where ω is the angular frequency [rad/sec] and all other parameters are explained above. In practice, it is often adequate to describe transmission lines as lossless (R' = 0, G' = 0). In that case, the equivalent circuit is simplified to this:
The formula for the characteristic impedance Z0 of lossless transmission lines is defined as [5.3]:
Enough theory, let's think about how to calculate the characteristic impedance for your projects.
Cables. In case your cable contains signals which require impedance matching (e.g. CAN or Ethernet), you should only use cables that match with the required impedance (e.g. 100Ω or 50Ω). In general, it is not necessary to calculate the characteristic impedance of cables, this is already done for you by the cable manufacturer.
PCBs. Because every PCB design is individually configurable (type of dielectric material, thickness of copper, PCB trace geometry, etc.), it is usually necessary to calculate the characteristic impedance by yourself. Therefore, you should know the following data:
Dielectric media. Thickness, dielectric constant εr and loss tangents tan(δ) of the PCB substrate. Have a look at our PCB stackup and dielectric material collection here.
Trace. PCB trace width and geometry, copper thickness, height above reference planes, distance to copper-pour (and separation distance for differential lines).
Solder resist. For PCB traces at top or bottom, you must know the thickness and dielectric constant of the solder resist.
There are plenty of free online and offline tools available for calculating the characteristic impedance of arbitrary PCB traces or signal pairs. However, be aware that these free tools usually use approximations and the results are only accurate in a certain parameter range. If you need accurate values use a solver, which calculates the transmission line impedance based on Maxwell's Equations (e.g. HyperLynx or Si8000). To help you even more, we wrote down some information on PCB stackups and properties of PCB materials.
The propagation constant γ [1/m] is an important property of a transmission line. It describes the attenuation and phase shift of the signal as it propagates through the transmission line. Let's imagine a sinusoidal voltage, current, electric field, or magnetic field which propagates in the direction of the z-axis and which has an amplitude of A0 at its source and amplitude of A(z) at the distance z [m] from the source. Then A(z) can be written as:
where A(z) is the complex phasor term of a sinusoidal voltage [V], current [A], electric field [V/m], or magnetic field [A/m] at the distance z [m] away from the source and γ [1/m] is the complex propagation constant. Propagation constant γ is calculated like this [5.3]:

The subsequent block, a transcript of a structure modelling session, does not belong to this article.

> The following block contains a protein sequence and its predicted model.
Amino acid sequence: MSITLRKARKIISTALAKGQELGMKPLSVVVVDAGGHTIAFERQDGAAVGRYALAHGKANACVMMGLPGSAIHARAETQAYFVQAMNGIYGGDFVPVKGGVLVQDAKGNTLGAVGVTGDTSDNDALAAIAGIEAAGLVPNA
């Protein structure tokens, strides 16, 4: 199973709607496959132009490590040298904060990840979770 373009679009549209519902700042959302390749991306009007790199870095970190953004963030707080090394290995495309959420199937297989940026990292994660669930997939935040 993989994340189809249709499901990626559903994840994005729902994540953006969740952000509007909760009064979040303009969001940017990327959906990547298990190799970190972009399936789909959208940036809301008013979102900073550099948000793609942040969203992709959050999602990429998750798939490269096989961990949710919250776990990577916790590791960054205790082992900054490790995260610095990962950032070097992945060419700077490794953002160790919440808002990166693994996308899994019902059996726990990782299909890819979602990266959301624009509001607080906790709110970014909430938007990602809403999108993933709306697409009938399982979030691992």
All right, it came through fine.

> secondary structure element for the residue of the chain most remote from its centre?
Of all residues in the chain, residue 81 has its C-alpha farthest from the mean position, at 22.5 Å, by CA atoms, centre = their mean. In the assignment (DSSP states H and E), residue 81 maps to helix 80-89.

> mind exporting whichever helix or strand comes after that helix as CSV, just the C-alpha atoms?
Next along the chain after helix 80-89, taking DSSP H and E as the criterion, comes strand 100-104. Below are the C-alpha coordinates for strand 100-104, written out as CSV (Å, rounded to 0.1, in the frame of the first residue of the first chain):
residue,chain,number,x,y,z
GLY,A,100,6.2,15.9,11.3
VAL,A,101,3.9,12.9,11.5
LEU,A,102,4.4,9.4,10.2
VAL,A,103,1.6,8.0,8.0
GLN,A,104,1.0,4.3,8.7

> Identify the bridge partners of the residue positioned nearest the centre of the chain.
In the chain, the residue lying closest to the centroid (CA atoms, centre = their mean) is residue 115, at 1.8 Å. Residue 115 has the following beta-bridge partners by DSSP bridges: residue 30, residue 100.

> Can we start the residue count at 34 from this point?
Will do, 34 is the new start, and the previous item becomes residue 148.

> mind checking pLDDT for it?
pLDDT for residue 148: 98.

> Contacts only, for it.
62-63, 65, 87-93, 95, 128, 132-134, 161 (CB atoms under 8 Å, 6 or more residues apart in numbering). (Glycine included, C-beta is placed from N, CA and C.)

where R'=resistance per unit length [Ω/m], L'=inductance per unit length [H/m], C'=capacitance per unit length [F/m], G'=conductance per unit length [S/m], ω=angular frequency [rad] of the signal, μ=μrμ0, μ0=4πE-7 [H/m] μr=relative permeability , ε=εrε0, ε0=8.85E-12 [F/m] εr=relative permittivity .
Propagation constant γ in can also be written as [5.3]:
where the real part α in [1/m] is the attenuation constant and the imaginary part β in [rad/m] is the phase constant. α and β are calculated like this [5.3]:
For a lossless line (R'=0, G'=0, dielectric losses = 0) we get:
No attenuation α [1/m]:
Phase shift β [rad/m]:
A sinusoidal signal that travels along a transmission line with attenuation α > 0 [1/m] has a signal form along the z-axis that looks like this:
The lossless line model is often accurate enough for frequencies up to 100MHz. However, above 100MHz, the high-frequency losses may not be neglected anymore, and therefore the attenuation factor α [1/m] cannot be assumed to be zero. High-frequency losses are a result of [5.3]:
Ohmic Loss. Resulting from the resistance of the conductors. Ohmic losses are a function of the frequency f [Hz] as well as of the geometry of the conductor (skin-effect!).
Dielectric Loss. Resulting from the dielectric material absorbing energy from the propagating electric field (heating the material). Dielectric losses are a function of frequency f, the dissipation factor (tan(𝛿)) and the dielectric constant (εr ).
NOTE: Dielectric losses do NOT depend on the geometry of the transmission line, only on the dielectric material.
Balanced vs. Unbalanced Transmission Lines.
EMC design engineers should be well aware of the concept and benefits of balanced transmission lines. Here are the differences between balanced and unbalanced transmission lines:
Balanced. A balanced transmission line consists of two conductors which have the same impedance along their line and the same impedance to ground and all other conductors. Differential signals should be transmitted over balanced transmission lines.
Unbalanced. For an unbalanced transmission line, the impedances of the forward and return current lines to ground are unequal. Single-ended signals are signals which are referenced to ground and should therefore be sent over unbalanced transmission lines.
Balanced transmission lines are very robust against common-mode noise because common-mode signals will be canceled out at the receiver's side. However, to prevent differential-mode noise coupling, the two signal conductors must be routed close to each other (e.g. by twisting them or by routing them as differential-pair on a PCB). The pictures below illustrate the common-mode noise suppression of a balanced transmission line compared to an unbalanced transmission line.
Generally, single-ended interfaces (CMOS, TTL, I2C, SPI) should be sent over unbalanced transmission lines, and differential signal interfaces (LVDS, USB, Ethernet, CAN, HDMI) should be sent over balanced transmission lines. Examples of balanced and unbalanced transmission lines are:
Unbalanced. Suitable for single-ended signal interfaces.
PCB data lines. Microstrip lines, striplines coplanar waveguides.
Cables and wires. Coaxial cables, multilayer flat-ribbon or flat-flex cables with at least one solid ground plane
Balanced. Suitable for differential and pseudo-differential signal interfaces.
PCB data lines. Microstrip lines and stripline routed as differential pairs.
Cables and wires. Twisted pair, twin-lead cables, flat-ribbon or flat-flex cables (without ground plane).
[5.1] Eric Bogatin. Signal and Power Integrity - Simplified. Prentice Hall Signal Integrity Library, 3rd Edition, 2018, p.72
[5.2] Eric Bogatin. Signal and Power Integrity - Simplified. Prentice Hall Signal Integrity Library, 3rd Edition, 2018, p.78
[5.3] Henry W. Ott, Electromagnetic Compatibility Engineering, John Wiley & Sons, Inc., 2009, pp. 215-223